The Minister has probably been told that one of the palliatives in the system is the series of green cars staffed by paramedics who are first on the scene. If we had a properly funded, properly staffed system of ambulance provision across the north-west, that might be a very intelligent design, but it is a very stupid design when paramedics are in short supply, because if the job the paramedic attends turns out to be really serious, they cannot operate as a paramedic, because the green cars are not ambulances; they are simply a means of transit. The paramedic then has to ring for an emergency ambulance. A paramedic told me that he attended a cardiac arrest where the patient was in a serious condition, but he had to wait with them for 45 minutes, without being able to give more than basic attention, before the ambulance arrived. Such situations should not be routine, but paramedics tell me that they happen regularly, so we know that things are going wrong.

I want the Minister to consider one issue particularly seriously. When Rochdale A&E was closed, a commitment was made to the people of my constituency that there would be a paramedic on every ambulance coming from Rochdale. We have found out that that is simply an illusion. My constituents were lied to—I think I can use that term, Madam Deputy Speaker—because there was no circumstance under which that promise could ever have been delivered. We were told at the time, “Don’t worry. You’ll have to travel a little bit further, but you’ll be travelling with highly skilled paramedics.” One in four of the most serious category calls across the north-west do not have a paramedic in attendance, because we do not have enough paramedics in the service.

The story I am telling is a seriously unhappy one. It would be unhappy if this were some kind of intellectual game, but as the experience of Ron and Pat Gerner shows, this is about people’s lives. It is about people, sometimes at the most difficult point in their lives, who are anxious and concerned about what will happen next at a time of individual and family crisis. This does matter and it matters enormously that something is done about it.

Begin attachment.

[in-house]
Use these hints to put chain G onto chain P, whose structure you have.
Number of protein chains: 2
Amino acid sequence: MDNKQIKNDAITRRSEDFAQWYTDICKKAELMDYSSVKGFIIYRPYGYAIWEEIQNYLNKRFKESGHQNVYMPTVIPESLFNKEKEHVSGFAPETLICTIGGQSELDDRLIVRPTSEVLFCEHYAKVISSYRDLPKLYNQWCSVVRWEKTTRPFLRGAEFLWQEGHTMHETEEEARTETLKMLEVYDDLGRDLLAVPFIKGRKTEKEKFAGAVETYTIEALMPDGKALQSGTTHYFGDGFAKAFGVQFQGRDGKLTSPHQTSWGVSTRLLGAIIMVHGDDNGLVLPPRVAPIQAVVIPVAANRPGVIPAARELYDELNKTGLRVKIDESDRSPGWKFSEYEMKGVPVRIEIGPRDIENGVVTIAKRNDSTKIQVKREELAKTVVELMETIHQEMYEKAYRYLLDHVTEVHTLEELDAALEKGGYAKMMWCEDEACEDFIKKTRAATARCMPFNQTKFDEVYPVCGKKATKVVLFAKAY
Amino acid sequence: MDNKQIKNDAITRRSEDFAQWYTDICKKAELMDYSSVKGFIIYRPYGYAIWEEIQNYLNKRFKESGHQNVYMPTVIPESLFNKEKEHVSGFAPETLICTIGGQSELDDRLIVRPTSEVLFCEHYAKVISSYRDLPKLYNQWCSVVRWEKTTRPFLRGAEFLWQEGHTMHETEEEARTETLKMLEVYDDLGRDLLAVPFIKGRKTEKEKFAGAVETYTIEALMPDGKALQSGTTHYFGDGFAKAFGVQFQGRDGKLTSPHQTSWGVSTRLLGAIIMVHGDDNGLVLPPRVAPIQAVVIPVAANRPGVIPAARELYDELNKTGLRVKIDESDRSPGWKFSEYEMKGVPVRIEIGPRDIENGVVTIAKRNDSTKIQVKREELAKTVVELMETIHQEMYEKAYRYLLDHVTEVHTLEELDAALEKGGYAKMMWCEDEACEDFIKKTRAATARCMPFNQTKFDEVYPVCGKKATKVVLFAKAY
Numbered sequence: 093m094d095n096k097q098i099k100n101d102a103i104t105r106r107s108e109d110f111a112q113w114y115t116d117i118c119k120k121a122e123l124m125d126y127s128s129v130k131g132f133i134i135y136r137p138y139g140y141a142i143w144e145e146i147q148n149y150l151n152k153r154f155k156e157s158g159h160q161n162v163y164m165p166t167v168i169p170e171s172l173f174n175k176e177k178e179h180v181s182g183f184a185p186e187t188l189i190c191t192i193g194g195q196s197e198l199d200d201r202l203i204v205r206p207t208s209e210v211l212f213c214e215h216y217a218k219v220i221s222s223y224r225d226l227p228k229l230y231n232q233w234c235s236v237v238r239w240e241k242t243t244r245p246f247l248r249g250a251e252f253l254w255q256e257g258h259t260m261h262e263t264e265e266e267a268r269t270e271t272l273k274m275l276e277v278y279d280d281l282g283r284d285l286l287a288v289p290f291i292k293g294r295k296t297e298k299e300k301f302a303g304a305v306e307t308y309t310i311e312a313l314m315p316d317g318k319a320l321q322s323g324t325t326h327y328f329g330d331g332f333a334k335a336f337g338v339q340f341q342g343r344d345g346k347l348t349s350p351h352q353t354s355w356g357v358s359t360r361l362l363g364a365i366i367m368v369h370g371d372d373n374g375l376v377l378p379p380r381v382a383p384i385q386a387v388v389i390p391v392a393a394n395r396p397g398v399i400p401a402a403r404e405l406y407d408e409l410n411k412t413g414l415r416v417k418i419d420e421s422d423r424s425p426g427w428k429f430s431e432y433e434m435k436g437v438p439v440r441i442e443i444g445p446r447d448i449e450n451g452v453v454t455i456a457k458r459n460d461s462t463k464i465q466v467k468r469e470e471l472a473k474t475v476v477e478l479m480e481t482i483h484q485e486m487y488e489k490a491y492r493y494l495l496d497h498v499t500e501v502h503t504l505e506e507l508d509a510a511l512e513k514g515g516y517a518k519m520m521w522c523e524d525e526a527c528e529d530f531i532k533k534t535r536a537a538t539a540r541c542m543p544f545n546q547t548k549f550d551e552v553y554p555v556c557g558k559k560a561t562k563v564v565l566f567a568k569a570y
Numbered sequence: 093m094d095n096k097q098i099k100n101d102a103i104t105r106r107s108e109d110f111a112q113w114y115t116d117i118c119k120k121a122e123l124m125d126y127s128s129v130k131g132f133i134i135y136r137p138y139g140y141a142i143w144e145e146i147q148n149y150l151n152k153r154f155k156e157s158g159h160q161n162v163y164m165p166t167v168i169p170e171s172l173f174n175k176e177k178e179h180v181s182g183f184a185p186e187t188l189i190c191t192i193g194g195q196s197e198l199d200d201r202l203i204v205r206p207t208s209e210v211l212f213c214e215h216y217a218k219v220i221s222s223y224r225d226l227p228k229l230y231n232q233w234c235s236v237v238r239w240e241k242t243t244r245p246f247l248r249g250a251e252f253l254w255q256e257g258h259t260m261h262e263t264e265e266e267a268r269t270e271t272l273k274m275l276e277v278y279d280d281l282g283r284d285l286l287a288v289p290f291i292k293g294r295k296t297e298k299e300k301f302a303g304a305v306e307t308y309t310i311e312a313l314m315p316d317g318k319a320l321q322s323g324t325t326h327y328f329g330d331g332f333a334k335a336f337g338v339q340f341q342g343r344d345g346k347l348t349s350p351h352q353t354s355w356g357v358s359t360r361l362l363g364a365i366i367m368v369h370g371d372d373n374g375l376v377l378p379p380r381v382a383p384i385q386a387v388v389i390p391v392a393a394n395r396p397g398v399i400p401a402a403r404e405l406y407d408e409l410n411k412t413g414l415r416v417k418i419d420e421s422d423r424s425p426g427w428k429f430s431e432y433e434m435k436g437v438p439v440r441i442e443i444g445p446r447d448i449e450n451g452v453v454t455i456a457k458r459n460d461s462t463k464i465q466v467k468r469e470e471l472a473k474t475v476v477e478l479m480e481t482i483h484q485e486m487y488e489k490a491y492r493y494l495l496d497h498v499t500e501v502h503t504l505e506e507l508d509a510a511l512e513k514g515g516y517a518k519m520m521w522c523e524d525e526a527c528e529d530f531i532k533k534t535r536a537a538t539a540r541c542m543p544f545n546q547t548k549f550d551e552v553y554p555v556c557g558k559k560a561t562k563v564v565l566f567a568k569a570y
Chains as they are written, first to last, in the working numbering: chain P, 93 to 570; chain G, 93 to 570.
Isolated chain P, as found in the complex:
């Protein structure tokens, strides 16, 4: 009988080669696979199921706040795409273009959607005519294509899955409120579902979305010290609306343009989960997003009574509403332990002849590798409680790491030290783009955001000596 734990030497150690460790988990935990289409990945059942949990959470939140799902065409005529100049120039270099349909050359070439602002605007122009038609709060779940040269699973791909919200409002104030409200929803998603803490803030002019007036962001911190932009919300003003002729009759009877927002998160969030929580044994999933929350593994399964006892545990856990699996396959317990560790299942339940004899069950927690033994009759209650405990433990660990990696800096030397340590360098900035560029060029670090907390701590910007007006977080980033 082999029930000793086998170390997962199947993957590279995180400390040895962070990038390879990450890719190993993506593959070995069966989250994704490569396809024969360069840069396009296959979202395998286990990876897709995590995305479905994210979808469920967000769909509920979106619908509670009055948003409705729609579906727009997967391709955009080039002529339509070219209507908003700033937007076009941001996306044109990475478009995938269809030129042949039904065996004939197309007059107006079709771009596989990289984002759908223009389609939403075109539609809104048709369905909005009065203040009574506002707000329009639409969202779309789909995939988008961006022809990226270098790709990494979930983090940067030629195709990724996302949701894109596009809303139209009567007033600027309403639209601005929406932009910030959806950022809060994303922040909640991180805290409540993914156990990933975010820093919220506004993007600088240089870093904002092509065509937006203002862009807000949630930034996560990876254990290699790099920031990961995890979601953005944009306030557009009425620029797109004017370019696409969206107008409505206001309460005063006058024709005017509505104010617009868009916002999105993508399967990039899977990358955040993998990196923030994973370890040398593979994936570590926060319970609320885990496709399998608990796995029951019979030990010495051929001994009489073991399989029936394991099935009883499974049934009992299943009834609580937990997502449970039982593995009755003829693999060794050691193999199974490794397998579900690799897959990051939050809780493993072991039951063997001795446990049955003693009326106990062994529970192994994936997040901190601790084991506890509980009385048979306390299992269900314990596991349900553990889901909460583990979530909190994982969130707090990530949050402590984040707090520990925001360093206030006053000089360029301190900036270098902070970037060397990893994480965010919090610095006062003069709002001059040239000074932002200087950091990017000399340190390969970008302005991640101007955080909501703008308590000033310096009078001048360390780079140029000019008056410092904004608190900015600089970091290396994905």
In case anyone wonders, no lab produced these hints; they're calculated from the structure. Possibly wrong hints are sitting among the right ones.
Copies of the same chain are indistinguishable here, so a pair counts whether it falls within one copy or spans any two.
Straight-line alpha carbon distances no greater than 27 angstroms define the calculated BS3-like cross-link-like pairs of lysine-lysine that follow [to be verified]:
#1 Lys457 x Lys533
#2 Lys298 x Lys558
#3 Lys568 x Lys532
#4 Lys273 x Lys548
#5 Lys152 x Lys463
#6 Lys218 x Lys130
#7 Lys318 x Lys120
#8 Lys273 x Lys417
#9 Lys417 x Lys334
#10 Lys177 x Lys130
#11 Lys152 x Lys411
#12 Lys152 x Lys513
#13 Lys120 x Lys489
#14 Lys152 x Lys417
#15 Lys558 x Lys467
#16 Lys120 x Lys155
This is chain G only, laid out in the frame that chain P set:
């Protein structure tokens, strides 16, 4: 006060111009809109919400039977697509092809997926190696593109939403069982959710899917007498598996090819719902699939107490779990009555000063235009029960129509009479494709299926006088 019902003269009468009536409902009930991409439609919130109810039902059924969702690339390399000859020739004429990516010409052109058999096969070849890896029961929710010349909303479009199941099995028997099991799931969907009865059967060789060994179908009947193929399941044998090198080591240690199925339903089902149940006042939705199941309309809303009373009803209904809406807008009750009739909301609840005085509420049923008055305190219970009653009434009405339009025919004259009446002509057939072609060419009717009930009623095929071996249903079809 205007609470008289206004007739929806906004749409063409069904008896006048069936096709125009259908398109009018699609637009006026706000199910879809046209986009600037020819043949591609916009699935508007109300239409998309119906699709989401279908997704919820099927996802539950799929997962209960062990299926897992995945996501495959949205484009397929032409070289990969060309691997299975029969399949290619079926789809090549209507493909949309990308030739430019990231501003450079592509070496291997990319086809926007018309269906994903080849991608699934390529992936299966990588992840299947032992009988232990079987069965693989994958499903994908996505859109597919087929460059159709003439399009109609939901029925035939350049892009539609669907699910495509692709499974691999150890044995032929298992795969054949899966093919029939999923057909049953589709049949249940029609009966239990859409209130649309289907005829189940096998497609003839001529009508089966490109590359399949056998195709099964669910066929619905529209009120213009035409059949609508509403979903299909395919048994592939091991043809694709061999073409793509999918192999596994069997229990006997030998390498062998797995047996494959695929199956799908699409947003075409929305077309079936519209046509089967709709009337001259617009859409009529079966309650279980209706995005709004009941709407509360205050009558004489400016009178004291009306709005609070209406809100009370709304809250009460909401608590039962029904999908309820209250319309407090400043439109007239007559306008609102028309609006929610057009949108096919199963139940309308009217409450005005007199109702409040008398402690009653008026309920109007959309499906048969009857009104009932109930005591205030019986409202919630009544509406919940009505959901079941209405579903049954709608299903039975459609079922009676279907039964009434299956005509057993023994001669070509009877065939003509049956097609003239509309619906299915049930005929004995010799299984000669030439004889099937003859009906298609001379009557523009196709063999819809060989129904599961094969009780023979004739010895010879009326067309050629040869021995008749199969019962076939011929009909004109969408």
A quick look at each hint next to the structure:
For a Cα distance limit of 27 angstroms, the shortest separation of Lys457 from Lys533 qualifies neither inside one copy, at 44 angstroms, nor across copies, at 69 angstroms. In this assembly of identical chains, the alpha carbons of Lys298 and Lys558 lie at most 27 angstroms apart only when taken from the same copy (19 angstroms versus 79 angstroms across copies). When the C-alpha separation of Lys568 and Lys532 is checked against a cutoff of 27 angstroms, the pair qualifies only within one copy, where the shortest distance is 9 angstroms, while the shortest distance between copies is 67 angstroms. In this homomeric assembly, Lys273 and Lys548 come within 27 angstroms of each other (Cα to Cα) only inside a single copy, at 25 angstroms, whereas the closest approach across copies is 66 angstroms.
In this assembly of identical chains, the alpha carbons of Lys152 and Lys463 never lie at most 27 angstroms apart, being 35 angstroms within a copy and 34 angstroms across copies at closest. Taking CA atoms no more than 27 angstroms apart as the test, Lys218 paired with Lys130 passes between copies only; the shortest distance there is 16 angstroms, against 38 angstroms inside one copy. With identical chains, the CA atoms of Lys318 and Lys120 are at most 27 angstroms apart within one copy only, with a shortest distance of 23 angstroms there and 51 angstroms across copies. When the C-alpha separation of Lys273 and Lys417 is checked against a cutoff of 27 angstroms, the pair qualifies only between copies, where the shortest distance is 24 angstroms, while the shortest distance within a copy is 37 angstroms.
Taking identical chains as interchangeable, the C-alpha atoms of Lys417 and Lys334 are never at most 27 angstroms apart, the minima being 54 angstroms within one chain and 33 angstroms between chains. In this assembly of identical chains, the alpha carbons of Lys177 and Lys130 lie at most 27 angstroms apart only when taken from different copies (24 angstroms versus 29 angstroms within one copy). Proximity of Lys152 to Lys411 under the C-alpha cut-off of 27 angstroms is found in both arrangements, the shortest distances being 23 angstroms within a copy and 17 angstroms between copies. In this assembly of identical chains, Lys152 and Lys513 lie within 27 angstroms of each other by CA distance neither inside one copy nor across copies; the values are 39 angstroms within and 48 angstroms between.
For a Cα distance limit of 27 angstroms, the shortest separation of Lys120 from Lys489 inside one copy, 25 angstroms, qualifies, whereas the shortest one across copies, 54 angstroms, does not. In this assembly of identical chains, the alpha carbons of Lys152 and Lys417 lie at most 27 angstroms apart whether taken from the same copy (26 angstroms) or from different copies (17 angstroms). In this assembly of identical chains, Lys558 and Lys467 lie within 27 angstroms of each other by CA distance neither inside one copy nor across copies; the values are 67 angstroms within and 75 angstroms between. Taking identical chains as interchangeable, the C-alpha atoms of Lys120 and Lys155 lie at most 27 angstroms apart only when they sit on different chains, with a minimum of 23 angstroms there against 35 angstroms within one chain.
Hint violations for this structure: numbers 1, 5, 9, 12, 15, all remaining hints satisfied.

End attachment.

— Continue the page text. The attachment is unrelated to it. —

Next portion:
I say to the Minister that certain things that need to be done almost leap off the page. First and most obvious, we need a better handover system from ambulances to A&E units. It is not beyond the wit of health professionals to come up with something better. If we are saying that one of the skills shortages in the health services is that of paramedics, we must use them intensively. That is what the paramedics want. They do not want to be sat in stressful conditions outside a hospital. We need to better deliver the service. Ministers have to drive that through. They have to seize this important opportunity.

I think what the hon. Gentleman is saying is that the way in which the system works at the moment is a grossly inefficient use of highly skilled people. They are left waiting with and caring for patients outside a hospital before they can hand them over, and sometimes they have to wait with a patient for an ambulance to arrive. If we look at the total time during the day that paramedics are left waiting with patients, rather than doing what they are skilled to do, we will see that it is an extraordinarily inefficient use of that skilled resource.

Absolutely. If this is one of the skill shortages at the crisis end of our health service, let us begin to use the paramedics much more intelligently than we do now. The Minister will be delighted to know that I will come on to money, but this is not about money; it is about intelligence. I am bemused by the incompetence of the management of the North West Ambulance Service, who do not seem able to give me even semi-credible answers to this crisis. Ministers now need to seize the opportunity—and possibly even seize the throats of those who manage the process—to make them begin to deliver.

Nothing I have said tonight is meant in anything other than absolute admiration for the people who are in our ambulances, trying to make the service work. They live very stressful lives. The Minister will know that across the country—the north-west is as bad as many places—the amount of down time because of paramedics and ambulance technicians being off work from stress-related sickness is high and growing. That is symptomatic of a system going terribly wrong. Let us reform it. Let us make sure that we put the quality of life back into their jobs, so that they can put the quality of life back into those they care for.